# Quick-start

When running the proof of concept, there are three features that need to be run simultaneously: the blockchain node, the real-world service provider, and the consumer.

## Hardhat node

Clone the sep-contracts repository:

git clone https://github.com/rndlabs/sep-contracts


Install the dependencies:

cd sep-contracts
yarn


Compile typechain artifacts:

yarn hardhat compile


Generate a mnemonic that you can use for test accounts. To do so, you can use this BIP39 generator. At the Mnemonic Code Converter:

• Select ‘24’ words from the drop-down box.
• Press ‘GENERATE’
• Copy the results of the BIP39 Mnemonic field to clipboard for the next step.

Configure the environment variables (.env), within the cloned repository’s root directory to be similar to:

# network specific node uri : "ETH_NODE_URI_" + networkName.toUpperCase()
ETH_NODE_URI_MAINNET=https://eth-mainnet.alchemyapi.io/v2/<apiKey>
ETH_NODE_URI_SOKOL=https://sokol.poa.network
ETH_NODE_URI_GNOSIS=https://rpc.xdaichain.com
# generic node uri (if no specific found) :
ETH_NODE_URI=https://{{networkName}}.infura.io/v3/<apiKey>

# network specific mnemonic : "MNEMONIC_ " + networkName.toUpperCase()
# MNEMONIC_MAINNET=<mnemonic for mainnet>
# generic mnemonic (if no specific found):
MNEMONIC=<paste your mnemonic here with greater than/less than symbols>

# forking
# HARDHAT_FORK=gnosis

# coinmarketcap api key for gas report
COINMARKETCAP_API_KEY=
REPORT_GAS=true

# Etherscan API key for automatic verification of contracts
ETHERSCAN_API_KEY=


Now start the hardhat local blockchain for testing:

yarn hardhat node


When starting the hardhat local node, search through the console output for the address at which the ServiceProvider contract was deployed. Example:

deploying "ServiceProvider" (tx: 0x717c1eb6649abe7b92a0a2bead9b9f3b505da385980486283e5912ac90d699a9)...: deployed at 0x29b67856f9ca63dF5E688454B17F70Afd5071aa0 with 1758370 gas


In the above example, the ServiceProvider contract was deployed to 0x29b67856f9ca63dF5E688454B17F70Afd5071aa0. Copy the address where it deployed on your local hardhat node as this will be used in subsequent configuration. For now though, your local blockchain node is running and ready to accept connections!

## Server

Open another terminal window and clone the sep repository.

Be sure not to clone sep into the sep-contracts directory.

git clone https://github.com/rndlabs/sep


Install the dependencies:

yarn                  # installs lerna for monorepo
yarn lerna bootstrap  # bootstrap packages


Change to the demo directory:

cd packages/demo


Generate the protobuf TypeScript:

yarn protoc --ts_out ./src/proto --proto_path ./src/proto ./src/proto/*


Copy over the typechain artifacts from the sep-contracts repo:

cp -pR path/to/sep-contracts/typechain .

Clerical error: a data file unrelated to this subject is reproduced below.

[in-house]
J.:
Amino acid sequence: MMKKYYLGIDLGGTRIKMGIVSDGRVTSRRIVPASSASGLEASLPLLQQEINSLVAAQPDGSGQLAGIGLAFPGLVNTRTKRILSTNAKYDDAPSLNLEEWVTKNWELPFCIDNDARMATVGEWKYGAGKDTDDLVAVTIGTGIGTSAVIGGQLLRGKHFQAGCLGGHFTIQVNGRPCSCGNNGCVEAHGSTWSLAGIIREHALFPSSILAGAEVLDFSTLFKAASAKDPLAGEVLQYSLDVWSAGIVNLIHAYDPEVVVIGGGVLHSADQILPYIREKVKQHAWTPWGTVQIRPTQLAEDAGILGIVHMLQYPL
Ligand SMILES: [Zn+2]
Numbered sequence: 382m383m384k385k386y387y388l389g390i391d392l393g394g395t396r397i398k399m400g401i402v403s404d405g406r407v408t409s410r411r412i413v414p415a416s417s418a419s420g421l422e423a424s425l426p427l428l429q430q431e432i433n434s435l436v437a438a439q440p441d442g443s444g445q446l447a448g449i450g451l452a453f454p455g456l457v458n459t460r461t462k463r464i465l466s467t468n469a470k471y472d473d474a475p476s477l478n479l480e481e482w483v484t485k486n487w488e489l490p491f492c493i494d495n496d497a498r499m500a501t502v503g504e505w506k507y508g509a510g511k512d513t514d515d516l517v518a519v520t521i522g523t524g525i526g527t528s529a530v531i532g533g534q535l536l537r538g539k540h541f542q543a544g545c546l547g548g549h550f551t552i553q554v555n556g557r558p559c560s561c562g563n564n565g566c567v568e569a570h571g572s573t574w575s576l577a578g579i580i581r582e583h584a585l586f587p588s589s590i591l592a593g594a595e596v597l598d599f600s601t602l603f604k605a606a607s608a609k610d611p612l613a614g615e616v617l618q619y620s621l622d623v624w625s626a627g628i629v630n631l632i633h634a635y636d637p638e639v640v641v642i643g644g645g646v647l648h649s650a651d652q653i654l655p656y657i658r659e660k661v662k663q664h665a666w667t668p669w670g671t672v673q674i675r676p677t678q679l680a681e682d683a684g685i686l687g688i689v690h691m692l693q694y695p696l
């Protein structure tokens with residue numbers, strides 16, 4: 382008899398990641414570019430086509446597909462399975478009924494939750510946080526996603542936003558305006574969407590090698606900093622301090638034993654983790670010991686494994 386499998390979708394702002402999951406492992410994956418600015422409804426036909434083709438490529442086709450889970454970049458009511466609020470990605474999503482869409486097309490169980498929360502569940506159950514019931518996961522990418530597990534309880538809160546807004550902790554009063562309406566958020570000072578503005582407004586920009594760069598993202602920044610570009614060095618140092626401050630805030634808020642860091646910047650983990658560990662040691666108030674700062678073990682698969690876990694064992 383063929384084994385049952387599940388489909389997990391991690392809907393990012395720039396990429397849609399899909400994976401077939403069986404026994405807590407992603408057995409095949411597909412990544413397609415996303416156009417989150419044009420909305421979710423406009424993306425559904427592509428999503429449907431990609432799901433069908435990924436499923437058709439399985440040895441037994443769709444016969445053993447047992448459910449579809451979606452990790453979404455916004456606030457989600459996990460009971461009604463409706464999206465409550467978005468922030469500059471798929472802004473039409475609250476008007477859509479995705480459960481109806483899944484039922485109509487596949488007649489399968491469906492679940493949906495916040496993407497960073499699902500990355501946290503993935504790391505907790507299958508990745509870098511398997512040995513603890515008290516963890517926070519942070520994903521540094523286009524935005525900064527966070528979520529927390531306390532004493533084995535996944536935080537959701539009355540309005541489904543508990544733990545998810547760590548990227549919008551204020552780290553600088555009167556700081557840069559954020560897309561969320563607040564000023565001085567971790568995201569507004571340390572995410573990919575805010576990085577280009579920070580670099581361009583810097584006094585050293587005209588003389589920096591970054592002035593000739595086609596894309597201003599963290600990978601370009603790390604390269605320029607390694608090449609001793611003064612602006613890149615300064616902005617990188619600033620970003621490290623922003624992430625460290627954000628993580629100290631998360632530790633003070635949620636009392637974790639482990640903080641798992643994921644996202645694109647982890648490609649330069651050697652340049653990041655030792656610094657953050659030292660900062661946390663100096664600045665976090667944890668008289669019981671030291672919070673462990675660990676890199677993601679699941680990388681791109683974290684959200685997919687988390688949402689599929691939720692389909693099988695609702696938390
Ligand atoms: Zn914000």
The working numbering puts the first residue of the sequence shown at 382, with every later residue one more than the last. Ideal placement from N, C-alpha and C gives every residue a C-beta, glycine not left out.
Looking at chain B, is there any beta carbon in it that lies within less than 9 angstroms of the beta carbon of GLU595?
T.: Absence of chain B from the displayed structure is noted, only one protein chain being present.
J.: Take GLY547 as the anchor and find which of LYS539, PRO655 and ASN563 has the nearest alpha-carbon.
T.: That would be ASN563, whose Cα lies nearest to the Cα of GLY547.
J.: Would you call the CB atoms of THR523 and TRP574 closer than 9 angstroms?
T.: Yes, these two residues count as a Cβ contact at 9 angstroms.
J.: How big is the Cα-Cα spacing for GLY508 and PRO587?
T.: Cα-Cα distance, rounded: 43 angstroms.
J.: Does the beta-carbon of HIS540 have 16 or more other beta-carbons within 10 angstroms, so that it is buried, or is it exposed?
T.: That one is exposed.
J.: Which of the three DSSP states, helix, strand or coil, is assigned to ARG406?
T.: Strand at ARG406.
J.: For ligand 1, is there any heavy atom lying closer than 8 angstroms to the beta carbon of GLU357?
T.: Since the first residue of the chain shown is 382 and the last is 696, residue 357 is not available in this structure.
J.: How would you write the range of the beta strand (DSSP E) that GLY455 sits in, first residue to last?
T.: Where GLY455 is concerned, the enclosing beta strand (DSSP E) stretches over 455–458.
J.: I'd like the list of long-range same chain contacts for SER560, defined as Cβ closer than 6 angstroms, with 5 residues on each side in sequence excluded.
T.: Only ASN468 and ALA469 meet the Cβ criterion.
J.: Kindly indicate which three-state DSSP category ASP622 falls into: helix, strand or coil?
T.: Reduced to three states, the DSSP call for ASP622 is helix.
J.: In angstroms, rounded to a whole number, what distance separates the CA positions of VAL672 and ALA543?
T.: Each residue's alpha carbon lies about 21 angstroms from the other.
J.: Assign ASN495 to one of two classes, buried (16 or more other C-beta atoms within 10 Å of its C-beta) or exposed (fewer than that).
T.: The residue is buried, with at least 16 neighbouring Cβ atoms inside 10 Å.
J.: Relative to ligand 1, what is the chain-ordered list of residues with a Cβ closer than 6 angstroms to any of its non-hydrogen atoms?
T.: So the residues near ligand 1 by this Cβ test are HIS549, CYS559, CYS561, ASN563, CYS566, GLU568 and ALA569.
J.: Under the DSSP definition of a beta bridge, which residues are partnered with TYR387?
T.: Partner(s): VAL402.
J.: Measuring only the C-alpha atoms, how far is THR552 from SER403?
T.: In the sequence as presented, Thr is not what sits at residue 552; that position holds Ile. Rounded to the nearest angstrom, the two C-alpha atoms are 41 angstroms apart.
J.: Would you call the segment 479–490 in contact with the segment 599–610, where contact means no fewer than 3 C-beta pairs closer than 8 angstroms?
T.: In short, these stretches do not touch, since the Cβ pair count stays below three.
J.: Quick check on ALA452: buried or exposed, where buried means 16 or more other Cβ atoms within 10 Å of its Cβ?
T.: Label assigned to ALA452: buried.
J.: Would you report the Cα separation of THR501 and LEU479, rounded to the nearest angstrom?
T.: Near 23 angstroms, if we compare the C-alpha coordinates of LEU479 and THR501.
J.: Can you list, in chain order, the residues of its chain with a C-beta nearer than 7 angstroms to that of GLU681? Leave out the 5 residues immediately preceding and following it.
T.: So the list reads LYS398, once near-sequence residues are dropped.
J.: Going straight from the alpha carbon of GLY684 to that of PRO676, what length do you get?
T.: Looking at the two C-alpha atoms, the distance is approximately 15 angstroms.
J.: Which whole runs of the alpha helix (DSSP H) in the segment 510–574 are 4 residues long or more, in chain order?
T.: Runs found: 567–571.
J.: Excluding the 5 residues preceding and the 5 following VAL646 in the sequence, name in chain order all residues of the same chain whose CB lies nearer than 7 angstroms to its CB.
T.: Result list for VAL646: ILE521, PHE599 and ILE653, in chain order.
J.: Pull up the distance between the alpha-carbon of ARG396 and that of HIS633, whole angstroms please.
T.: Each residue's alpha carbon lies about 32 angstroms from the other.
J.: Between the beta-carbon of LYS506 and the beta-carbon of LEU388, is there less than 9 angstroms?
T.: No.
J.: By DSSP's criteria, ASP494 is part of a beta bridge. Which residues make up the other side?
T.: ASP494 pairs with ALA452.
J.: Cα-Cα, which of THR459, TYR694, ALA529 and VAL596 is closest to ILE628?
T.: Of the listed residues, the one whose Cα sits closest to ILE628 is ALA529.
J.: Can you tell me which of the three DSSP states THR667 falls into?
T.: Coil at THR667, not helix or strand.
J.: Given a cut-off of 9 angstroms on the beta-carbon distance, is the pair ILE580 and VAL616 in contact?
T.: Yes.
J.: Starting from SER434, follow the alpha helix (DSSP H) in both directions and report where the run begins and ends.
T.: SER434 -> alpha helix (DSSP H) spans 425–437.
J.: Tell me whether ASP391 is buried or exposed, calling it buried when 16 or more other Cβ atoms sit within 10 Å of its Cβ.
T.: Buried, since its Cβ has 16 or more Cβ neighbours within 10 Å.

Configure the environment varibles (.env) in the demo directory to be similar to:

MNEMONIC=<paste your mnemonic from before here with greater than/less than symbols>
SERVER_KEY_INDEX=1
CLIENT_KEY_INDEX=2
RPC_URL=http://127.0.0.1:8545
SEP_DAPP_NAME=sep-movi
SEP_DAPP_VERSION=1
SELLER_NAME=Testing Seller
SELLER_DATA_URI=http://testurl/
SELLER_LOCATION=u173z


Now, you can start the server, and this will simulate being a service provider:

yarn ts-node ./src/server.ts


At this point, you should see the following activity:

1. The server registers a test seller.
2. The server registers 5 spaces for the sellerHash from (1).
3. The server connects to Waku to monitor applicable content-topics.

This activity will be visible on the node as well as on the server.

## Client

Open another terminal window and change into the demo package’s directory:

cd path/to/demo


All the configuration for the client has already been done from the previous steps, so we can now run the client to make a query for a ride:

yarn ts-node ./src/client.ts


At this point, you should see the following activity:

1. The client connects to Waku and asks (ping) for all sellerHash in a certain shard.
2. The server responds (pong)with it’s sellerHash and some additional details.
3. The client verifies the pong from the server against the ServiceProvider contract.
4. The client, knowing there is a legitimate seller, asks for a stay with specific parameters (check-in, check-out, number of adults, number of children, number of spaces).
5. The server receives the query from (4) and dispatches this to an auctioneer that takes the ask parameters as input. It’s then determined if the seller wants to make a bid for this business.
6. The server crafts a signed bid to client.
7. The client verifies the server’s bid, and chooses one of the offers.
8. The client uses the bid’s signature to make the deal on-chain.
9. The server, through event monitoring, can see that the client has made the deal. 🥳

Sometimes there are connectivity issues to Waku from the client. Use Ctrl + C to terminate the client and start it again.